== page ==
Dan Thomas, in his article for The Pie, an online publication for educators, looks at the factors behind the growth of the junior language market. Major players in language education have seen sustained, sometimes rapid, growth in recruitment over the last few years; opening new campuses and increasing the diversification of nationalities on their courses.
Driving the phenomenon is an ever more competitive job market in which having a second language – and having studied abroad – gives young people a distinct advantage. For this reason, say educators, during a period of economic austerity in many language learning markets, parents are willing to continue spending on their children’s education while making savings on their own.
It appears the demand is not only for English courses. In Europe, Italy’s Linguaviva says it sees around 5% growth each year for its Italian classes, while Germany’s DID says interest from students wanting to learn German in Berlin has increased.
Another success story is Azurlingua in the South of France, which has expanded from 20-30 students to 2,500 students in the last 10 years. Director, Jean Luc Librati, says the French market is coming to maturity, with junior courses becoming an educational rite of passage for language learners and being taken more seriously.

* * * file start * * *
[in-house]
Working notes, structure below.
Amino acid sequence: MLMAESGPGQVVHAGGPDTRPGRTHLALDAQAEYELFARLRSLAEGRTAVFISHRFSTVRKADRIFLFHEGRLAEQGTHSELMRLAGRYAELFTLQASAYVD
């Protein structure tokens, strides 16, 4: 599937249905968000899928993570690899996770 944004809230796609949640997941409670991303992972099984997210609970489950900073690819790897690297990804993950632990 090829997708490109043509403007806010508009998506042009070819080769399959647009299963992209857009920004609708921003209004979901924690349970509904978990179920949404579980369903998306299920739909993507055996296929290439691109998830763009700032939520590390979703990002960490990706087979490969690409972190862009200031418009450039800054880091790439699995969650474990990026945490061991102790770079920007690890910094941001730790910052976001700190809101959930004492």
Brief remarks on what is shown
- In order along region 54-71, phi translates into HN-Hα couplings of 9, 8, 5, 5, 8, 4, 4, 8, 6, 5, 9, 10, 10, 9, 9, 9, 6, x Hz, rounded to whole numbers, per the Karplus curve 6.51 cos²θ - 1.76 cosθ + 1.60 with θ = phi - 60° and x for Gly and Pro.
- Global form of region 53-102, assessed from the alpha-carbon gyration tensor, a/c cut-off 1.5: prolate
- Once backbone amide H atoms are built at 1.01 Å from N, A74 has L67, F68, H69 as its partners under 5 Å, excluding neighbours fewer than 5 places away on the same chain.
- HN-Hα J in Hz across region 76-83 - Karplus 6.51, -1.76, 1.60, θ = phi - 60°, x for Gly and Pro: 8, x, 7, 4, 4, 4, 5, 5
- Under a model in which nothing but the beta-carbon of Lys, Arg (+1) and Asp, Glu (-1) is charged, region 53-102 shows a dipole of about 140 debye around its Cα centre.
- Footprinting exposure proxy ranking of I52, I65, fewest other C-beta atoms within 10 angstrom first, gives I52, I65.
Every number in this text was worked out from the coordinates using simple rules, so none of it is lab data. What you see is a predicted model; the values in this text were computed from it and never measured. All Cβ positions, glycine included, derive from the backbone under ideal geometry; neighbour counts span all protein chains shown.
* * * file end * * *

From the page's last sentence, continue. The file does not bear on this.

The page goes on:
“Let’s say that 10 years ago, it was more like ‘let’s have fun and at the same time learn French’. Now it’s more ‘let’s learn French and at the same time we’ll have fun’,” says Libreti.
Students on Azurlingua’s courses now take exams recognised not only by the French Government, but also the Common European Framework of Reference for languages which enables qualifications to be recognised across European borders.
“This new way to recognise language ability is becoming better and better known,” says Libreti. “It is also proof that the market is reaching a more professional level.”
While the need for a second language is certainly the fuel for growth, other factors are catalysts. One such is visa conditions. As junior courses are generally short haul and rarely year round, students can usually enter a country far more simply than adults, often on a tourist visa.
Increased awareness of junior products is also helping providers. The relationships an educator builds with his agents around the world helps drive “word of mouth” marketing. Consumers have also changed their attitudes. Teachers and students are more knowledgeable about the courses available and parents are more trusting and willing to allow their children to travel.